1863 Edison obtains telegraph job for the Grand Trunk Railway in Ontario.
Edison returns to the U.S. in the fall and goes from city to city as a telegraph operator.
1869 Edison arrives in New York City and eventually gets job at Laws' Gold Indicator Co after fixing the company's stock ticker.
Edison receives patent in June for his first invention, an electric vote recorder.
1870 Edison opens his first workshop in Newark, New Jersey.
1871 Edison marries Mary Stilwell on December 25.
1873 Edison's daughter, Marion Estelle ("Dot"), is born.
1876 Edison moves to Menlo Park, New Jersey, and establishes laboratory.
Edison's son, Thomas Alva, Jr ("Dash"), is born on January 10.
1877 Edison invents carbon telephone transmitter, extending the clarity and range of the telephone.
Edison develops tin foil cylinder phonograph; files patent for it on December 24 which is awarded on February 19, 1878.
1878 Edison Speaking Phonograph Co incorporated April 24.
Edison's son, William Leslie, is born on October 26.
1878-79 Edison devises an electric incandescent light bulb that lasts for more than 13 hours.
1879 Organizes the Edison Ore Milling Company.
1880 Edison discovers phenomenon which is later termed the "Edison Effect".
1881 Edison creates the Edison Electric Lamp Co, the Edison Machine Works and other companies to produce his electric lighting system.
1882 Edison opens a commercial electric station in New York City with approximately 85 customers.
The Menlo Park laboratory is closed, and another instituted in New York City.
1884 Edison's wife, Mary, dies on August 9.
1886 Patent awarded to Chichester A. Bell and Charles Sumner Tainter for their wax cylinder graphophone; Edison later refuses to collaborate with them on the invention.
Edison marries Mina Miller on February 24.
Moves his laboratory to East Newark, New Jersey.
1887 Edison develops the New Phonograph, using a wax cylinder.
Edison Phonograph Co formed in October.
Edison moves to a larger and more modern laboratory in West Orange, New Jersey.
1888 Edison meets Eadweard Muybridge, who shows him his zoopraxiscope; Edison sets William K. L. Dickson and other assistants to work to make a Kinetoscope, "an instrument which does for the Eye what the phonograph does for the Ear".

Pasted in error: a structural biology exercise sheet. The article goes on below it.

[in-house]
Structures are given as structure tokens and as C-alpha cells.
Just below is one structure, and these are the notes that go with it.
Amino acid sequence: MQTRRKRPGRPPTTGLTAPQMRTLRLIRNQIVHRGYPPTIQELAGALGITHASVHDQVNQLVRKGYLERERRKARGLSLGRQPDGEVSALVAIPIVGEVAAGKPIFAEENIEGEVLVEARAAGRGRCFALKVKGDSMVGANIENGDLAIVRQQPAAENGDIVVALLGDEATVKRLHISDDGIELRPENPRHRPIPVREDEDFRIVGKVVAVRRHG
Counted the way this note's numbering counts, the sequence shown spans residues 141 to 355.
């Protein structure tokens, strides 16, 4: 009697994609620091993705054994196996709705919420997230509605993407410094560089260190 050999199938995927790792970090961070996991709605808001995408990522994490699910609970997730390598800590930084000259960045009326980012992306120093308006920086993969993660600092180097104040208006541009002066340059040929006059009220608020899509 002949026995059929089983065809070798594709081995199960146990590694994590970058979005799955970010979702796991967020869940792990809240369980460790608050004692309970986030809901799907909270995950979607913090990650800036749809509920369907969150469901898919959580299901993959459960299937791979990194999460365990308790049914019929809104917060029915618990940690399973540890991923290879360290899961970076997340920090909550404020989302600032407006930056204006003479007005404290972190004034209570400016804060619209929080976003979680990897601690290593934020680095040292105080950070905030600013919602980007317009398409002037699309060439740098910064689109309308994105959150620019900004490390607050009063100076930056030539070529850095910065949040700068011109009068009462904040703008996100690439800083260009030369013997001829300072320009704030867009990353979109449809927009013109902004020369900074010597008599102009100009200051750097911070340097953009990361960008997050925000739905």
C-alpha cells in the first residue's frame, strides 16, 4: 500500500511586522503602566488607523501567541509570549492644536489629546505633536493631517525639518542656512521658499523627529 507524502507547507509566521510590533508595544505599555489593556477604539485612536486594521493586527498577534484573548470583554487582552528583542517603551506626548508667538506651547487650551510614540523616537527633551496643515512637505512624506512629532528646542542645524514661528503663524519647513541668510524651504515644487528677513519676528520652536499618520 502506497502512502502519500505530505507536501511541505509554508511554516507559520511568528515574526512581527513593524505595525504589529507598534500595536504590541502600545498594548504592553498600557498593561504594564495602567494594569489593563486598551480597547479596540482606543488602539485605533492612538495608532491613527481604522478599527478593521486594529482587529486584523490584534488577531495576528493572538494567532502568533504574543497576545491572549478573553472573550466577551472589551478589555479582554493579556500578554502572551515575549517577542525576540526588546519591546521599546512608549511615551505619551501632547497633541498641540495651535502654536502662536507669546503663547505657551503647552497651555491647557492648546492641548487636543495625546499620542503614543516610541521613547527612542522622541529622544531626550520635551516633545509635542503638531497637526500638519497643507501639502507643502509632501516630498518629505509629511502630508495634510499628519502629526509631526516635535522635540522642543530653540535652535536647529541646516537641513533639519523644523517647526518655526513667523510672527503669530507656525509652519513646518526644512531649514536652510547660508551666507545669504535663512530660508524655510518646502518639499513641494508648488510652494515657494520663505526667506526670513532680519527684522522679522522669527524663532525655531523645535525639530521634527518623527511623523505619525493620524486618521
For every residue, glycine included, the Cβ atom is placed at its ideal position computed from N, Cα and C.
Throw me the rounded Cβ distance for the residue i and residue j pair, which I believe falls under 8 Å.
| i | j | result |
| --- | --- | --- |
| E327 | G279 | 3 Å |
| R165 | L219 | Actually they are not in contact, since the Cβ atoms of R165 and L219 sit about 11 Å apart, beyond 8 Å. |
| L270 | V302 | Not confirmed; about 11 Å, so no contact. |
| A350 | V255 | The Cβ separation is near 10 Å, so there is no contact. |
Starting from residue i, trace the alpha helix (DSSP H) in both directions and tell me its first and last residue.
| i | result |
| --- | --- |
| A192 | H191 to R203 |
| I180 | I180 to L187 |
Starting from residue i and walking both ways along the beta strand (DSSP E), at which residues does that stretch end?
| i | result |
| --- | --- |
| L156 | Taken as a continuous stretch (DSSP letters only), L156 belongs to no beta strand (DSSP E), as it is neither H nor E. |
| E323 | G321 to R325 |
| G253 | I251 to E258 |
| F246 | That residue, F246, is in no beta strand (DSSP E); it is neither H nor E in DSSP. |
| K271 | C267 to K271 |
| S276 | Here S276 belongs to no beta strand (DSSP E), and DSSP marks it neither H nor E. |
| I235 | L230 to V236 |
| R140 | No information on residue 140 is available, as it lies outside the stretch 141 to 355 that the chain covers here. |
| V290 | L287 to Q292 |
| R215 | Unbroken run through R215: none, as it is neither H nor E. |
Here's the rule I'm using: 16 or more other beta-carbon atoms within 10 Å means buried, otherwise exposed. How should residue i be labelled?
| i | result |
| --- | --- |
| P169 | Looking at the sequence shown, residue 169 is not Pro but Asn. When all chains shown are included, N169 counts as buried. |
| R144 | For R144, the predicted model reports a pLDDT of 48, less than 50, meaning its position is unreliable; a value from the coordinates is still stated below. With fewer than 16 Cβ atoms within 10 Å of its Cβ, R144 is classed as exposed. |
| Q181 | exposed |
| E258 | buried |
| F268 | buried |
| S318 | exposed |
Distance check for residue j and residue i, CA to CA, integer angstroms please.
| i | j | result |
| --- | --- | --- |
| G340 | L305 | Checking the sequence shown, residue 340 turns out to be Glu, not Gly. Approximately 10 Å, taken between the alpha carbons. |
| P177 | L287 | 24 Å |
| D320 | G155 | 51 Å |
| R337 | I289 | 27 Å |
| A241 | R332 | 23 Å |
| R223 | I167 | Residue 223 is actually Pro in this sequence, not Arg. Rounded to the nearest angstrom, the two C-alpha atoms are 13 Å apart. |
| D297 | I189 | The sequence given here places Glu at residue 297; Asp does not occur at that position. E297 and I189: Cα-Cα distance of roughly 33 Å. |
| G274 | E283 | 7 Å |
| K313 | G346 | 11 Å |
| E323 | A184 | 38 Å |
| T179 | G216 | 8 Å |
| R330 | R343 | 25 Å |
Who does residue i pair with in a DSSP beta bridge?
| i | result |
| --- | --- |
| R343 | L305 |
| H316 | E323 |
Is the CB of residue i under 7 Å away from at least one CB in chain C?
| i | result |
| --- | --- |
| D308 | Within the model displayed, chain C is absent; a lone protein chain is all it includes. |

Improved Phonograph introduced, followed by the Perfected Phonograph.
Edison's daughter, Madeleine, is born on May 31.
Jesse H. Lippincott assumes control of phonograph companies by forming the North American Phonograph Co on July 14; leases phonographs as dictation machines.
Edison files his first caveat(a Patent Office document in which one declares his work on a particular invention in anticipation of filing a patent application) on the Kinetoscope and Kinetograph on October 8; William Kennedy Laurie Dickson assigned to work on project.
1889 Edison produces dolls with tiny cylinders inside to make them talk for the Edison Phonograph Toy Manufacturing Co; project ceases in March 1891.
Edison General Electric formed in April.
Edison Manufacturing Co is organized.
1890 Lippincott becomes ill and loses control of North American Phonograph Co to Edison, its principal creditor.
Edison's son, Charles, is born on August 3.
1891 A peep-hole viewing machine shown by Edison on May 20 to participants from the National Federation of Women's Clubs.
1892 Edison General Electric and Thomson-Houston merge into General Electric.
1893 Construction on a film studio known to Edison employees as the "Black Maria" completed in February; earliest Edison motion pictures were filmed there.
First public demonstration of Edison's 1 1/2" system of Kinetoscope at the Brooklyn Institute on May 9.
Copyright registered to William KL Dickson for sample kinetoscope records on October 6.
1894 Edison declares bankruptcy for the North American Phonograph Co
Applications submitted to U.S. Patent Office for the Kinetograph and the Kinetoscope.
First Kinetoscope parlor opened in midtown Manhattan on April 14.
Edison puts the Edison Manufacturing Co in charge of the manufacture and sale of Kinetoscopes and films on April 1.
1894-95 Edison and Dickson experiment to synchronize sound with film; the Kinetophone is invented which loosely synchronizes a Kinetoscope image with a cylinder phonograph.
1895 The Edison Spring Motor Phonograph appears.
Dickson leaves Edison's employ on April 2.
C Francis Jenkins and Thomas Armat demonstrate their Phantoscope, a motion picture projector, in Atlanta, Georgia, in late September to early October.